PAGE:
The year 2012 is on its way to becoming the most affordable year housing has seen since recordkeeping began in 1970, according to data from the National Association of Realtors (NAR).
In November, the NAR's Housing Affordability Index reached 198.2, down 2.5 index points from October, but up 1.5 points from a year ago.
The index determines affordability based on the relationship between median home price, median family income, and average mortgage interest rate. The index also assumes 25 percent of gross income is devoted to principal and interest and a 20 percent down payment would be made.
Based on data up to November, NAR also projects the index will set a record high of 194 in 2012, beating the high of 186 in 2011.
However, record affordability doesn't necessarily translate into more homeowners.
""Although 2012 was highest on record, the excessively tight underwriting precluded many would-be homebuyers from locking-in generational low interest rates,"" explained Lawrence Yun, NAR chief economist.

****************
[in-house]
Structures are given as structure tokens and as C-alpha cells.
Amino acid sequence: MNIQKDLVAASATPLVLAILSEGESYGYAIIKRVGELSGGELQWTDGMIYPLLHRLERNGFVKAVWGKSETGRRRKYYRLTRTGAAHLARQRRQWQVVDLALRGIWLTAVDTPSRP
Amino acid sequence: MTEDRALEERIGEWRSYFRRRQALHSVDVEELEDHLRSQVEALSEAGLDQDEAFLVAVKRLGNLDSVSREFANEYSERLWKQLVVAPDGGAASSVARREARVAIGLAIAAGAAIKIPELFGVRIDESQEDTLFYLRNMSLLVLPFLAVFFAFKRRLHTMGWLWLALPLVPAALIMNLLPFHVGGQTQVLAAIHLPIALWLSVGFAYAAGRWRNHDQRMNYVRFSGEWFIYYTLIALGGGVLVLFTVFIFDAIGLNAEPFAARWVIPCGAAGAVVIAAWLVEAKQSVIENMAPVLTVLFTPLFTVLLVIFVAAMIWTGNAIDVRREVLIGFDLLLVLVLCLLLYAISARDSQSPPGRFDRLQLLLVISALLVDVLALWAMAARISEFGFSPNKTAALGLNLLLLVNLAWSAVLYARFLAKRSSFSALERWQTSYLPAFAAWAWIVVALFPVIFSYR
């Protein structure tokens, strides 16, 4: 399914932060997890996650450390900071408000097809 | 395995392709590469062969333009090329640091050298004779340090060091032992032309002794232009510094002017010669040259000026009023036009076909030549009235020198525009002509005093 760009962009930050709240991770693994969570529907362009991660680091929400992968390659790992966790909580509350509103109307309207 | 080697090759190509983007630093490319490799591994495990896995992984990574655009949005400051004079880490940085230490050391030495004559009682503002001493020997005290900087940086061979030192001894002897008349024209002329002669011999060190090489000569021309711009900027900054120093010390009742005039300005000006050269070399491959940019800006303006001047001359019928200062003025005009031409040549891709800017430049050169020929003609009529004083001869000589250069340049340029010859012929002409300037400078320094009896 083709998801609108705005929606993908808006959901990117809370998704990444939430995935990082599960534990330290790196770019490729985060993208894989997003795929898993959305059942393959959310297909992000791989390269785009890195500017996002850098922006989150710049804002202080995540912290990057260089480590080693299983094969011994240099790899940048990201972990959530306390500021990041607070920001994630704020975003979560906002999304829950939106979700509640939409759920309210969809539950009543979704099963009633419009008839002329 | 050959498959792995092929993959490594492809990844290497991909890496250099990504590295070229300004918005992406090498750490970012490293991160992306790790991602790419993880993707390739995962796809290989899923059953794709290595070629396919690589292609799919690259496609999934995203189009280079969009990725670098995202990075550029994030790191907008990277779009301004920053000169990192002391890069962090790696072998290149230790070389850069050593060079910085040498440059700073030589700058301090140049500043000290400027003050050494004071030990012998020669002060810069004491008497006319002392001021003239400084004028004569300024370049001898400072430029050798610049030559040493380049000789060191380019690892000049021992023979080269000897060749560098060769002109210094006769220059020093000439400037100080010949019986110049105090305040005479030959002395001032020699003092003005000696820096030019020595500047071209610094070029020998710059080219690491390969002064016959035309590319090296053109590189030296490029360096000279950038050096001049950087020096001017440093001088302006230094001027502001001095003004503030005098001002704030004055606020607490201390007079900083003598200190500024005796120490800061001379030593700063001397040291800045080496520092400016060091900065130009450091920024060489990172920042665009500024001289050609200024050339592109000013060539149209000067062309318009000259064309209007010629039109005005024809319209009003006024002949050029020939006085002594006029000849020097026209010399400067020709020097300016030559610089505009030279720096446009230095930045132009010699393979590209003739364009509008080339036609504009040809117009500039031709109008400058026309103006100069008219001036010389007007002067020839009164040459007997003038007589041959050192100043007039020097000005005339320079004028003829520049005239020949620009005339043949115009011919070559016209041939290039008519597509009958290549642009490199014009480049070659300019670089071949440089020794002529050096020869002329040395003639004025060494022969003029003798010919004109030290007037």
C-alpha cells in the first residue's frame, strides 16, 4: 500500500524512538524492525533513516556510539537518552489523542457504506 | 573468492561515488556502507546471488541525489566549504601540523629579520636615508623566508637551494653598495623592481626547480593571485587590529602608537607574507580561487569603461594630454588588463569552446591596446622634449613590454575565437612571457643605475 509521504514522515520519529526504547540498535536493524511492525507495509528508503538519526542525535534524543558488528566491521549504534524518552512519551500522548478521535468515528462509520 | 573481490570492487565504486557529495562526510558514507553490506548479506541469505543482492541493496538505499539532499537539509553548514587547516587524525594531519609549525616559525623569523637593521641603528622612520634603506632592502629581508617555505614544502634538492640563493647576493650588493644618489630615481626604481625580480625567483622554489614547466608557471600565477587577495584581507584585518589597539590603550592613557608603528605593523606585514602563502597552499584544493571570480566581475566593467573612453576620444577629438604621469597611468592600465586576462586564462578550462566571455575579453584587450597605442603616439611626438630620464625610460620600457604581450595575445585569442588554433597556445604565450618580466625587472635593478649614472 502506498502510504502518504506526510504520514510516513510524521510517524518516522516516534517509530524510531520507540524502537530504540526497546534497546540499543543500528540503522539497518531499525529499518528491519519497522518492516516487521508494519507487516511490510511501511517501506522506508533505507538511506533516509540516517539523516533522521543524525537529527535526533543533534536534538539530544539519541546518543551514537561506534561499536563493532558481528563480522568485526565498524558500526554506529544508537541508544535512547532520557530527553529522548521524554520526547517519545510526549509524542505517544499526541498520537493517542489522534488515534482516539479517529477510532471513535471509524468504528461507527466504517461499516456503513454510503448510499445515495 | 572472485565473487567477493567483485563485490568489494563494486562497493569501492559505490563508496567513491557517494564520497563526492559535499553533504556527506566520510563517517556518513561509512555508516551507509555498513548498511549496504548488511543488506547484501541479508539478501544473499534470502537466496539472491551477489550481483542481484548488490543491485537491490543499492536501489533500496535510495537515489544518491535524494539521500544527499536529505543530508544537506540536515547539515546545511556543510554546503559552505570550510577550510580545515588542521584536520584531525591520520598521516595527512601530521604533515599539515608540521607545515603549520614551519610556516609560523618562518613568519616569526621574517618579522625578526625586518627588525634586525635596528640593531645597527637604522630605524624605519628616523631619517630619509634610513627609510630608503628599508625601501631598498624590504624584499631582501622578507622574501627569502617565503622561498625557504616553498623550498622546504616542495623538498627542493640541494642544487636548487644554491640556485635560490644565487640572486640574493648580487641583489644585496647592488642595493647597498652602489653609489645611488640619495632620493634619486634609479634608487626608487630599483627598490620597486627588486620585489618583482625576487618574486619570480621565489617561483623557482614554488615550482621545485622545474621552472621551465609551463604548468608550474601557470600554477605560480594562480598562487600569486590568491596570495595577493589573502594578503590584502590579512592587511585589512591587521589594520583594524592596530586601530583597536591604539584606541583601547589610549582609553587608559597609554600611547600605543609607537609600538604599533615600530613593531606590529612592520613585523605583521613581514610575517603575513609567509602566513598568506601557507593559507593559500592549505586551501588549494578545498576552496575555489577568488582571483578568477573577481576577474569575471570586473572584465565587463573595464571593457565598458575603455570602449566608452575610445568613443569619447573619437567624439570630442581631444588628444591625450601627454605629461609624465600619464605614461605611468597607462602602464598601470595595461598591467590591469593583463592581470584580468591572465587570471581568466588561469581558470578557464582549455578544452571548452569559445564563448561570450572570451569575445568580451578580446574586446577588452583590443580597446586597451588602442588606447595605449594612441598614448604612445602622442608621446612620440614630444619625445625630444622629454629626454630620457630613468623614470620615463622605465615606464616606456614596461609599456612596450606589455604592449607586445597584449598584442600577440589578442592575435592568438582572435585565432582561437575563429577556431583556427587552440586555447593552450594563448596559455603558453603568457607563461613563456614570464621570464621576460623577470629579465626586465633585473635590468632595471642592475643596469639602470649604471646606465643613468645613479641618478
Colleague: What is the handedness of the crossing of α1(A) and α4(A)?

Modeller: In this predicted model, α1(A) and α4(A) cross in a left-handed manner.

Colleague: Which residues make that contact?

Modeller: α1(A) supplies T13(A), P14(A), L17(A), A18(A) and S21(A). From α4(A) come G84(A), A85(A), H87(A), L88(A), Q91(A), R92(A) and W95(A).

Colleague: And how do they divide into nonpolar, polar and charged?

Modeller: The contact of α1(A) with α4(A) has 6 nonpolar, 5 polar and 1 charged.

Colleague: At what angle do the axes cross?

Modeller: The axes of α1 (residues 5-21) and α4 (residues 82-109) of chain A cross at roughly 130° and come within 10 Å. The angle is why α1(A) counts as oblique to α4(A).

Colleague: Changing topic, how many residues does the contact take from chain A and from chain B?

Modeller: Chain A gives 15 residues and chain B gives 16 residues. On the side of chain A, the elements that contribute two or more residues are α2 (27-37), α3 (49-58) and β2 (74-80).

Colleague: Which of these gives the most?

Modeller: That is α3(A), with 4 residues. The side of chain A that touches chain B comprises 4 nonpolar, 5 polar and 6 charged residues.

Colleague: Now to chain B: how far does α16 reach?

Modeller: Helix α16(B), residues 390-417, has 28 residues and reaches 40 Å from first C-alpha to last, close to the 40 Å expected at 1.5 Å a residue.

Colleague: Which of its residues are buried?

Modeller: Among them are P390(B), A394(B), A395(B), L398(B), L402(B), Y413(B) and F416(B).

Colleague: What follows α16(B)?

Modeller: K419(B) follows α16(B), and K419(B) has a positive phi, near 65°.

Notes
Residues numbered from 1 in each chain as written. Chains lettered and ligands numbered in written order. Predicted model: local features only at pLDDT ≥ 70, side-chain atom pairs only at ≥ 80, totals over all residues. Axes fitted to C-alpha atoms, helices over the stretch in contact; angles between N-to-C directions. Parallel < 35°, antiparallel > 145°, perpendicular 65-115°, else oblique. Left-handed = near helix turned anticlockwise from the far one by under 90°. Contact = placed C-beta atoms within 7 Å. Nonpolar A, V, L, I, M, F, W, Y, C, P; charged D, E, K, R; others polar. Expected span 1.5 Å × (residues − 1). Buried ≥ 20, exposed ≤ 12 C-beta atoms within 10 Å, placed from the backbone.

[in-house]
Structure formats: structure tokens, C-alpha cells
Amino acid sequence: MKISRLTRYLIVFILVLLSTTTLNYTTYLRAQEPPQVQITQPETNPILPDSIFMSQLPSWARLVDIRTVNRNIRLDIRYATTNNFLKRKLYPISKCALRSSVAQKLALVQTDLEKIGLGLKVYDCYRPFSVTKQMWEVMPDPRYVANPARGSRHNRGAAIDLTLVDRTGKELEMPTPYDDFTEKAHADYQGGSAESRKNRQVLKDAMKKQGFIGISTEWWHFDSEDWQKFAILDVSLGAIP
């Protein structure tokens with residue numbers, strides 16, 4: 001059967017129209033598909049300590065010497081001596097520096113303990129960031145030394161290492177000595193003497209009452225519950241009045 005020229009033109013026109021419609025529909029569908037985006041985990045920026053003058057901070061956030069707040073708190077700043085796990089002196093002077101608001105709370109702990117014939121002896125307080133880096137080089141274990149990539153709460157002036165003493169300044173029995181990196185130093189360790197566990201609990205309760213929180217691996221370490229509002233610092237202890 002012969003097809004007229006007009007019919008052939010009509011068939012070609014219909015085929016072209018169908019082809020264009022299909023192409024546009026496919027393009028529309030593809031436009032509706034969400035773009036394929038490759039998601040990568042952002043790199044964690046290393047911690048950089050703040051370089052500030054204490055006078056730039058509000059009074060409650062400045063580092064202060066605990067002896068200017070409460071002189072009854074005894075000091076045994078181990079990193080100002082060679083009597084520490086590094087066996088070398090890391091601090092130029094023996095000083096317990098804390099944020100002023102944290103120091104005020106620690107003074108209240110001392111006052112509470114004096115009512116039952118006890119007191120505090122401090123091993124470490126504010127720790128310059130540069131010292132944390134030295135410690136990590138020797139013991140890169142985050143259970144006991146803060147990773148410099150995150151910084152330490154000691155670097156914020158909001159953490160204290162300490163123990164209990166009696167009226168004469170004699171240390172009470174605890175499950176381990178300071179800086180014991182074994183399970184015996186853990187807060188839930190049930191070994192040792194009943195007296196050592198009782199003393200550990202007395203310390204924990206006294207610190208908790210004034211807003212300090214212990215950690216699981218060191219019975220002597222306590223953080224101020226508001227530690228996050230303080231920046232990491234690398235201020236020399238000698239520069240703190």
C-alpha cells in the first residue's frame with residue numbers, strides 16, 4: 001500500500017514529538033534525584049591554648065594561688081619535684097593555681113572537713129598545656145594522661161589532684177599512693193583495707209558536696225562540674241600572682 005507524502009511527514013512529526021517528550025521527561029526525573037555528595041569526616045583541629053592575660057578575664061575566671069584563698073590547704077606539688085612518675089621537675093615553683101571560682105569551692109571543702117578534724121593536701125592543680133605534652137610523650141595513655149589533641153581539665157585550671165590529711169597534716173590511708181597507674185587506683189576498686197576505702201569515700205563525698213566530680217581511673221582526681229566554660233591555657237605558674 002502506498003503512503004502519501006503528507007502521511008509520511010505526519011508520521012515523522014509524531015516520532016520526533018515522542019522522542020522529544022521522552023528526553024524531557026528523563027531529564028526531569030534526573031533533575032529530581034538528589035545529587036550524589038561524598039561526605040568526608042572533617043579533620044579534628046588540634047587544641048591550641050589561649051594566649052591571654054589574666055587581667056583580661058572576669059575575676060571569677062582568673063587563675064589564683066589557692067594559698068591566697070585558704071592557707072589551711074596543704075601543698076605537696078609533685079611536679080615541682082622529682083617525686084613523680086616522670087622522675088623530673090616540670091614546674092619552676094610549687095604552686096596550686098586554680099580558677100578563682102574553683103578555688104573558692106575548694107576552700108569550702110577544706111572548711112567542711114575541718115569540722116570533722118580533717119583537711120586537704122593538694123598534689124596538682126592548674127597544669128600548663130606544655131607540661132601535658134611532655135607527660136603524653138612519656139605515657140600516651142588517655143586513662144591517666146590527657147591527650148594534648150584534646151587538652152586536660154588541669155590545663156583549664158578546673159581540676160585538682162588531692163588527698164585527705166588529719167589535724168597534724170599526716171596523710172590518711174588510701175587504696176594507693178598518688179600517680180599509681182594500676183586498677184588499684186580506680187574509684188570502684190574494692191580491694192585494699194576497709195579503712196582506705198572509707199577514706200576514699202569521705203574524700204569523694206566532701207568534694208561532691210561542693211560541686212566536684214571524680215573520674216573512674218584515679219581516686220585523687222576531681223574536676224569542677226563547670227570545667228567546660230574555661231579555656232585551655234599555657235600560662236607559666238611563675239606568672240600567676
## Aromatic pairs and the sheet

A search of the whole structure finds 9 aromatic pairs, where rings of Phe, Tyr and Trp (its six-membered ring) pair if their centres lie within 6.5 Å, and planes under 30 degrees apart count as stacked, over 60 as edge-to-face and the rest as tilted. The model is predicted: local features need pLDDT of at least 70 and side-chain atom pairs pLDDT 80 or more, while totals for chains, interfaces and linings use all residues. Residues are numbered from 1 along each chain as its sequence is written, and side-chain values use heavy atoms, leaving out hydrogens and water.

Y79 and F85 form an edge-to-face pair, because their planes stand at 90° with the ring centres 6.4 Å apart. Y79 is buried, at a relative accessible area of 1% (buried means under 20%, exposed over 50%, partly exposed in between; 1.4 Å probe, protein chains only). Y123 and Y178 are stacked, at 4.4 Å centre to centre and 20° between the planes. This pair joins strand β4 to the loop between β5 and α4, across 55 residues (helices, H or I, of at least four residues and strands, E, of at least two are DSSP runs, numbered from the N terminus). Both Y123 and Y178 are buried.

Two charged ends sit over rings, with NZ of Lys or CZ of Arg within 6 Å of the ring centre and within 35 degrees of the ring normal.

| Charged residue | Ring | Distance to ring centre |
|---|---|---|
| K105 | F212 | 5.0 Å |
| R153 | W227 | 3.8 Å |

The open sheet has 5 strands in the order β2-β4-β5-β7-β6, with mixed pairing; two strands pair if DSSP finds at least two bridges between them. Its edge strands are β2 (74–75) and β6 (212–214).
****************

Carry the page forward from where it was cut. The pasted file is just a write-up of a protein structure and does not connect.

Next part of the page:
NAR president Gary Thomas, added, ""A more sensible lending environment that makes it easier for other financially qualified buyers to get a mortgage would allow many more households to enter the market, boosting home sales as much as 10 to 15 percent.""
While affordability is expected to see a new high in 2012, NAR expects affordability in 2013 to drop to 160. NAR noted an average of 160 means a median-income family would have 160 percent of income necessary to buy a median-priced existing single-family home.
""Rising home prices and a gradual uptrend in mortgage interest rates will offset improvements in family income, but 2013 likely will be the third best on record in terms of household buying power,"" Yun noted.